The East is open for business. The West is closed until further notice.
There's the takeaway from the deal where Blake Griffin got sent from the Los Angeles Clippers to the Detroit Pistons , and it may be a theme for the next week or so until the NBA trading deadline. The Pistons see opportunity to contend in the Eastern Conference, while the Clippers know the Western Conference is out of their reach and a full reboot is needed.
They're both right.
Other teams are surely thinking the same way.
No rational person would look at the NBA right now and see a logical scenario where the champion this season is anyone besides Golden State or Houston. What Brad Stevens has done in Boston, especially after losing Gordon Hayward on opening night, is coach-of-the-year stuff. Toronto is better than most fans may realize. Cleveland has LeBron James, still the best player alive.
Yet would anyone other than Celtics, Raptors or Cavaliers fans pick those teams to beat the Warriors or Rockets in a best-of-seven?
As such, what happened late Monday makes a great deal of sense for the Clippers and Pistons.
Start with Detroit: Griffin is oft-injured, but he's only 28 and under contract for at least the next three seasons. When he's right, there are few frontcourt players better. He and Andre Drummond — locked in for at least two more seasons — could be a frightening duo, given that this is a league where productive bigs are an increasingly endangered species. If this works, the Pistons could make noise in the East relatively quickly.
And now, the Clippers: The best-case scenario this year was a brief playoff appearance. And that was a maybe. After going all-out to woo Griffin and sign him to an enormous contract last summer, they sent him away seven months later. DeAndre Jordan is free to walk this summer, so it would be a shock if he wasn't traded in the next few days. They could have a ton of money to spend starting July 1, maybe two first-round draft picks as well.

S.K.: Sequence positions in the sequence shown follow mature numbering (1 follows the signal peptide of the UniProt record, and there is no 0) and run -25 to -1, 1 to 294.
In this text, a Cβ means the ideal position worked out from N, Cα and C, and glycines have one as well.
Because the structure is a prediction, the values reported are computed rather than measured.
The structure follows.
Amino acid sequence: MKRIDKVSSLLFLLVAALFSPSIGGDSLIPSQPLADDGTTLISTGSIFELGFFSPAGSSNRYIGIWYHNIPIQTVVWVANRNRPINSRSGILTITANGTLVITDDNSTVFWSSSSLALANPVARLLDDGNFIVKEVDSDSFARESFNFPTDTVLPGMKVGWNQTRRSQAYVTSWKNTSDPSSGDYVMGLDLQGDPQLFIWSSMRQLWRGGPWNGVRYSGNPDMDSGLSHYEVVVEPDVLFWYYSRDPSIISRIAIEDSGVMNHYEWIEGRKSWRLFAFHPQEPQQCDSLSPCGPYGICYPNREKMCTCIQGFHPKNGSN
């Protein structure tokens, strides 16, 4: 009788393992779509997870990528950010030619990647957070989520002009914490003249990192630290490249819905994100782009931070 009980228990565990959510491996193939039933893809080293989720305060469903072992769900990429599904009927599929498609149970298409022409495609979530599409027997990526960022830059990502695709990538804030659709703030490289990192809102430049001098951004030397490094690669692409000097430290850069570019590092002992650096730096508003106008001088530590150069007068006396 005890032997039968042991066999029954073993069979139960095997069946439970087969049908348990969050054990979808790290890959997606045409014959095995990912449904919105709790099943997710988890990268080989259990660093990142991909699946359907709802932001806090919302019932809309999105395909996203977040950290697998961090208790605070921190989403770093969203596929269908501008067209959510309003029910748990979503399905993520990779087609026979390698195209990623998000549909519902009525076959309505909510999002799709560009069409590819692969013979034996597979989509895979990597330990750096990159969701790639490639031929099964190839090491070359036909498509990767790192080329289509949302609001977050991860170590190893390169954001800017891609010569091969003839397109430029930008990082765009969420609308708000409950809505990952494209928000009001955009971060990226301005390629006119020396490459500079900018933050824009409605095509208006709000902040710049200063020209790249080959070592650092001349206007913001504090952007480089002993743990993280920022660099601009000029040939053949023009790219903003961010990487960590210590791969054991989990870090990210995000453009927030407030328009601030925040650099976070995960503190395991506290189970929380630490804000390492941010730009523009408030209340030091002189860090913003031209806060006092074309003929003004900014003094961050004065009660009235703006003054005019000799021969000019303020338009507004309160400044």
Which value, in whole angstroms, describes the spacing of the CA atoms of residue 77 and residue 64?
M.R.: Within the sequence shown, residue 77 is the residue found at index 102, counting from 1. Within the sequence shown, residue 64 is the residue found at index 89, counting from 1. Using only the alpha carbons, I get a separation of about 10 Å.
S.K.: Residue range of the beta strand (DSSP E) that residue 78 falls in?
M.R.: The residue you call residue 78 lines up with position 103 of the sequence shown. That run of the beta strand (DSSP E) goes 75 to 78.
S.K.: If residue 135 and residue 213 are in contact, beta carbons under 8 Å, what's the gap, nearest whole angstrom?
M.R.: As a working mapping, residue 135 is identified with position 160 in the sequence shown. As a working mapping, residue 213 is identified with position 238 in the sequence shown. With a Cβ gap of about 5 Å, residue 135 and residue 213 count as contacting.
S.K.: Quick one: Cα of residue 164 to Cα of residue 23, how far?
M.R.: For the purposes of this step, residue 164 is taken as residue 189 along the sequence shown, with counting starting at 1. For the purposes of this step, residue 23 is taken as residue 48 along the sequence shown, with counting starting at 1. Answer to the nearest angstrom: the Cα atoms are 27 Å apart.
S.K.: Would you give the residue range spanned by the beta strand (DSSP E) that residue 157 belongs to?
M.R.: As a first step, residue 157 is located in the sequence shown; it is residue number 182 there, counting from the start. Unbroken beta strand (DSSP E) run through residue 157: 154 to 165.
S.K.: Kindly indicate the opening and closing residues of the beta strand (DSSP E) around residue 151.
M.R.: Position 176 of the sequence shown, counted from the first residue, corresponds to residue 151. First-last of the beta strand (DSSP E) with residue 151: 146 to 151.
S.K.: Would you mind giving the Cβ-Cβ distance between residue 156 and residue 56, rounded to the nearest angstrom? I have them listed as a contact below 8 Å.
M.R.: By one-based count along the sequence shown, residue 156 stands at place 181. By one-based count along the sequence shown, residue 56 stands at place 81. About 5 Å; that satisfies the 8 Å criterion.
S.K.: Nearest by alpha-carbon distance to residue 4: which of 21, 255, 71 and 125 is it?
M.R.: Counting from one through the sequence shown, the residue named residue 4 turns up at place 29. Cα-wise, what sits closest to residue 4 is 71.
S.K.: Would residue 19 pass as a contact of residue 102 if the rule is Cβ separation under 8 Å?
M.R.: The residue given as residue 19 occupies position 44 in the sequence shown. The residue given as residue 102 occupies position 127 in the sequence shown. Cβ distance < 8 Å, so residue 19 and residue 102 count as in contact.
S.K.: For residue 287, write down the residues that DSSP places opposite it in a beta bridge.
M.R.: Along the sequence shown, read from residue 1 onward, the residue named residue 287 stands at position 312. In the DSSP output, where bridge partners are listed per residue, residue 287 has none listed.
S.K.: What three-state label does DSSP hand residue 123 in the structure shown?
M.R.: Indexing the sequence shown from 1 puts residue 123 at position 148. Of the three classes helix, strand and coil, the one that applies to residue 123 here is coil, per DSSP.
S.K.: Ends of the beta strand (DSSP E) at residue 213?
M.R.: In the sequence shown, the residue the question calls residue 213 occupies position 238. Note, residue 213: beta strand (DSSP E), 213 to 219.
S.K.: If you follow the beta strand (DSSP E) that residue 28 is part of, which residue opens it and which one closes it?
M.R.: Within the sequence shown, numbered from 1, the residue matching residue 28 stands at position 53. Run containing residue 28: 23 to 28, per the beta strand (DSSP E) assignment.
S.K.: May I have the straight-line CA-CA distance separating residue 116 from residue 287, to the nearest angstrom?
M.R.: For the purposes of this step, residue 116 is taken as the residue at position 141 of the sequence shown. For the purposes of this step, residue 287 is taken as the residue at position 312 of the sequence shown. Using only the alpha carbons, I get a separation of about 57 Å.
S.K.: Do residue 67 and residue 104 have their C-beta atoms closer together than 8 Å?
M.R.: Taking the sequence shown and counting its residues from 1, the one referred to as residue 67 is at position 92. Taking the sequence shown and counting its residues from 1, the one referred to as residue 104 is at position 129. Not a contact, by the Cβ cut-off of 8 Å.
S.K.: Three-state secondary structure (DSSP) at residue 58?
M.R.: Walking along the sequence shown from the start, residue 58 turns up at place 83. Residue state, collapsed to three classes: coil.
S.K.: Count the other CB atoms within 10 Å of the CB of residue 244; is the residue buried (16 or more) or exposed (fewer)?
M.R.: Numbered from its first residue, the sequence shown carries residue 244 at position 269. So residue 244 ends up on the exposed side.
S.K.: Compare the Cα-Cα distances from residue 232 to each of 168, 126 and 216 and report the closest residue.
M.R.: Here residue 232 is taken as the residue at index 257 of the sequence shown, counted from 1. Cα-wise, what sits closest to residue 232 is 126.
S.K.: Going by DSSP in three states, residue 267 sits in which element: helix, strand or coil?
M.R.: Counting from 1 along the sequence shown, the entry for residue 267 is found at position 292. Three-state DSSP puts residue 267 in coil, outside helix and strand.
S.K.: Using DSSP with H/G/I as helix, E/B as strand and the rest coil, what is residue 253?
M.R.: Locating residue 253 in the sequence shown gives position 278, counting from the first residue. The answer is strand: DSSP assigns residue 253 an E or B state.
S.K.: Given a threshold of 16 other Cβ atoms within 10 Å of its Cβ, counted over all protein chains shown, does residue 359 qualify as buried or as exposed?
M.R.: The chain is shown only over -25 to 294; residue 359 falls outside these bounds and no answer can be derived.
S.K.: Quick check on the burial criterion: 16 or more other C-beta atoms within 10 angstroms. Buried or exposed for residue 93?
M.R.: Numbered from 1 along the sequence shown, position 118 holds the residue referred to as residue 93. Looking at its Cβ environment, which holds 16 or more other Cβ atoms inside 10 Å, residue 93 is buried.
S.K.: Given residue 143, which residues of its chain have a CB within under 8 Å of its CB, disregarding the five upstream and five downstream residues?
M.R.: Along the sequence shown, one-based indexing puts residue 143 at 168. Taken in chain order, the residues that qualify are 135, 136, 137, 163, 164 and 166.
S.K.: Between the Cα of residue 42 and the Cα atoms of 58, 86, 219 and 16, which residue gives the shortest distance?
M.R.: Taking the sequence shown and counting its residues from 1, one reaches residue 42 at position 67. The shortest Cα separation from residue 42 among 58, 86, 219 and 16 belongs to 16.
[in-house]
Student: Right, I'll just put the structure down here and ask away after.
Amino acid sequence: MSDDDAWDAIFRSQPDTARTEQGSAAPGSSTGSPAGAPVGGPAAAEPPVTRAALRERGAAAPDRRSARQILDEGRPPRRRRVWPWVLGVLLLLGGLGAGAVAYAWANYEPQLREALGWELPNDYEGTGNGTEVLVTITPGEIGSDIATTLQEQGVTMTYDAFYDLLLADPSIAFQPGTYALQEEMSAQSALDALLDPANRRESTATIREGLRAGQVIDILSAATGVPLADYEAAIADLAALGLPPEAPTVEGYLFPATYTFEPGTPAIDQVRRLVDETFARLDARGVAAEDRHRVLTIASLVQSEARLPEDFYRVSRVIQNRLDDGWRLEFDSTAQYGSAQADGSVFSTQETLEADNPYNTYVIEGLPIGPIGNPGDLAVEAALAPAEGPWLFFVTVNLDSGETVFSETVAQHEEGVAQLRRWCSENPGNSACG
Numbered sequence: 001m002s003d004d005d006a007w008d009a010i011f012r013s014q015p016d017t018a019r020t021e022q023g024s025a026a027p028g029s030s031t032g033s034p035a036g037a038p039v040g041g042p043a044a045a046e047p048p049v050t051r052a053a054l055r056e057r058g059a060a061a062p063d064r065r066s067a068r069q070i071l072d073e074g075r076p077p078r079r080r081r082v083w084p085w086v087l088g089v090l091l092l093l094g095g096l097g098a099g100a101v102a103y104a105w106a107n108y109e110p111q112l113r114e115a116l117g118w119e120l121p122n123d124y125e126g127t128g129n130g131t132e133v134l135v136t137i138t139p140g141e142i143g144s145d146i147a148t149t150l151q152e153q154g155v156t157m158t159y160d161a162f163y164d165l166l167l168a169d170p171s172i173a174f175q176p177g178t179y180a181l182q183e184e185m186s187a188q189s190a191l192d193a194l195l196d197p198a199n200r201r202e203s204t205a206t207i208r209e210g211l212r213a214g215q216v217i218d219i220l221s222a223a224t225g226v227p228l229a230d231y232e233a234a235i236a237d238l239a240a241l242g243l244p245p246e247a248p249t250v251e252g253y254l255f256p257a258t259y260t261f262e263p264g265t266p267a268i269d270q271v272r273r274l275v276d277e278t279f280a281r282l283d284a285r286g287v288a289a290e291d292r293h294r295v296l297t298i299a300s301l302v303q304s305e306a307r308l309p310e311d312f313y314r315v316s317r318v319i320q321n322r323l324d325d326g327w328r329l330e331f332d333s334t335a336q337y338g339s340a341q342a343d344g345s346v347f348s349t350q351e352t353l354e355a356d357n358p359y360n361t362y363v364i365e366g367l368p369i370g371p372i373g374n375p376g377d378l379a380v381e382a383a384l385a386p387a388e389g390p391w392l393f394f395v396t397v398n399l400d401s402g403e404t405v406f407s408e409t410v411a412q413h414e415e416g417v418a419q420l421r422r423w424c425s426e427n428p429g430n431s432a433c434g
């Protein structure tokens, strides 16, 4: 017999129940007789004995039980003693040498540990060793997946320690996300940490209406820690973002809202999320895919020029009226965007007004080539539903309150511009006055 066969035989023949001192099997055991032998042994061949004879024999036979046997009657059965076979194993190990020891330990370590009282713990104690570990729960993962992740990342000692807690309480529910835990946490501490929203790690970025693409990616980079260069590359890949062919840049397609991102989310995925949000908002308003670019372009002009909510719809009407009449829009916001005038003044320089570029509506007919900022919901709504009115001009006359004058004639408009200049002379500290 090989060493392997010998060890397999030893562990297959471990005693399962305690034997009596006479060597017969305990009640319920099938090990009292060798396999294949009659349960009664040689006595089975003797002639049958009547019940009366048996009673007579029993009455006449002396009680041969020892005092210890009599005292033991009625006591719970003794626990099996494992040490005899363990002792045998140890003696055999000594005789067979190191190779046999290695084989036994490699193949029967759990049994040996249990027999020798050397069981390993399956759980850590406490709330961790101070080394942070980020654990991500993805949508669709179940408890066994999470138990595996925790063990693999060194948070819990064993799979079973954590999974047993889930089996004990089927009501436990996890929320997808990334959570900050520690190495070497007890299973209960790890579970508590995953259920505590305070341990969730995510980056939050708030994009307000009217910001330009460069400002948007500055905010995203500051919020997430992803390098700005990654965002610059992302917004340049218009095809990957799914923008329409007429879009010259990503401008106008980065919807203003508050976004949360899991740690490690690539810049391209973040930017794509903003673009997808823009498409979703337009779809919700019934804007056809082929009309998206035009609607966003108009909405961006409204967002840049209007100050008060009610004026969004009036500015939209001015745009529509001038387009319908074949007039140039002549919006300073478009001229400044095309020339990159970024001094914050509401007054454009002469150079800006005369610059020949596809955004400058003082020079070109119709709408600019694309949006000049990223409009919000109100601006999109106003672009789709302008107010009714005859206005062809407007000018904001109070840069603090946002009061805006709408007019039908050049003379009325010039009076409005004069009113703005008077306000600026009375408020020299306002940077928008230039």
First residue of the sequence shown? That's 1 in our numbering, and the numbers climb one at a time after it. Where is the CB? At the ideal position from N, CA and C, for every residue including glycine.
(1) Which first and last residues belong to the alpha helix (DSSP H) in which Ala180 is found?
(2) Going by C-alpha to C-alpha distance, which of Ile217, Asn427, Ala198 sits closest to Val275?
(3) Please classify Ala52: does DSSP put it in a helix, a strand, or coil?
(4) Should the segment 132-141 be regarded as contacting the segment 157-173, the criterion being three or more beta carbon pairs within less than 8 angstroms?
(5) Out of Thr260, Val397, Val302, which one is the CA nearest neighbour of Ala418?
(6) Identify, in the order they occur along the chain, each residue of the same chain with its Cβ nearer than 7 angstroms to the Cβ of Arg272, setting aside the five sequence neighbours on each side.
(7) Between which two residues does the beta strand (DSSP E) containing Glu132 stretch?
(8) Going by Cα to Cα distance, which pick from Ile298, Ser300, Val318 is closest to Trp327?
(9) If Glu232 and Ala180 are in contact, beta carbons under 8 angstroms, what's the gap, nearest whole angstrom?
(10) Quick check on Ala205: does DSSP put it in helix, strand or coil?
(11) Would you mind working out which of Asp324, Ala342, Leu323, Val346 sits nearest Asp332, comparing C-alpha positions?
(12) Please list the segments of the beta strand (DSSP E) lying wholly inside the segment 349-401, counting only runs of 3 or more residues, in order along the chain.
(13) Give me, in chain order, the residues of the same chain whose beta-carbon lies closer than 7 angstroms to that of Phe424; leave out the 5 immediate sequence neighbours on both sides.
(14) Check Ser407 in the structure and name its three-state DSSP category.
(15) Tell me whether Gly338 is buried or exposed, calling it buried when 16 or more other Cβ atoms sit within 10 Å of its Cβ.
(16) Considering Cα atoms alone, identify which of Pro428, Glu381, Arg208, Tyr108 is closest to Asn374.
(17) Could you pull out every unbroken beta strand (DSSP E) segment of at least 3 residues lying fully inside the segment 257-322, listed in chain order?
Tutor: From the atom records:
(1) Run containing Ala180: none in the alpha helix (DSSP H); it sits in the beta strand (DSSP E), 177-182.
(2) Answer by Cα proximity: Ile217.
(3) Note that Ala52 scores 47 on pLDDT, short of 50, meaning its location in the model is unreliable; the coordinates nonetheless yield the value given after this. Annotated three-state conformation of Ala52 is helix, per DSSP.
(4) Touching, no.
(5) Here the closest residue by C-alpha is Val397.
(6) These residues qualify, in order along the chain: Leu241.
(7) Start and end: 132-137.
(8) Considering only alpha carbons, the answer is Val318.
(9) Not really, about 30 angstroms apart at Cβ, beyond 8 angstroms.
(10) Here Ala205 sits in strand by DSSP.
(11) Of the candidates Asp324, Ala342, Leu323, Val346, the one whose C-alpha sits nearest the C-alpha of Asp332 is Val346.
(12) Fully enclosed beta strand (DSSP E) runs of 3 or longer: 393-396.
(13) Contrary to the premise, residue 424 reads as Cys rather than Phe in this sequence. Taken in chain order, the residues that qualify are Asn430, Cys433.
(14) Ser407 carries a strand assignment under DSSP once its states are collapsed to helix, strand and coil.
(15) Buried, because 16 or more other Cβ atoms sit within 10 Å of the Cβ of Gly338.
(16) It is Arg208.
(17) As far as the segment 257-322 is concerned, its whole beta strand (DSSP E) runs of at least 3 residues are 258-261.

The Pistons believe they can make noise in the East.
The Clippers know they weren't going far in the West.
So they did the next best thing: They entered The LeBron Sweepstakes.
There will be almost certainly be another LeBronathon this summer. James loves Los Angeles, has a home there, has off-court interests that might make spending more time in Hollywood an appealing proposition. James won't play for any team that doesn't have a shot at winning a title, so the Clippers will have to do some serious planning and be ready to do some serious buying if they're going to make this happen.
It's not a guarantee that James will leave Cleveland. If he does, maybe the Lakers will appeal to him. Or Philadelphia, with a young roster and players he likes. Or San Antonio, which has Gregg Popovich — a coach James reveres. But if Griffin was still in L.A., there would have been virtually no chance that James would be a realistic target for the Clippers this summer.
To catch Golden State and Houston, someone is going to have assemble a superteam — like Miami did in 2010. Going the Philly route, with that multi-year cycle of tanking and drafting, tanking and drafting, tanking and drafting, takes a lot of time and a lot of luck. It's more likely to come together through free agency, where the Clippers now may be a major player.
The Pistons won't be. They're all-in now, a team that will try to build around bigs in an NBA where everyone shoots the 3 like never before. It's bold.
Now the question becomes which other teams in the East will make splashes.
Cleveland is trying to make moves in an effort to help James get to the NBA Finals for an eighth straight year. Up in Boston, Danny Ainge is probably looking for another piece — whether Hayward makes a dramatic late-season return or not. Miami will talk deals, maybe even including the supremely talented yet often enigmatic Hassan Whiteside. Washington is in a tough spot with John Wall out for, at least, most of the remaining regular-season schedule.
East teams should think buy.
West teams should think sell.
The Griffin trade is the annual reminder: Things can change very quickly in the NBA, and sitting still is rarely the right option.
Tim Reynolds is a national basketball writer for The Associated Press. Write to him at email@example.com
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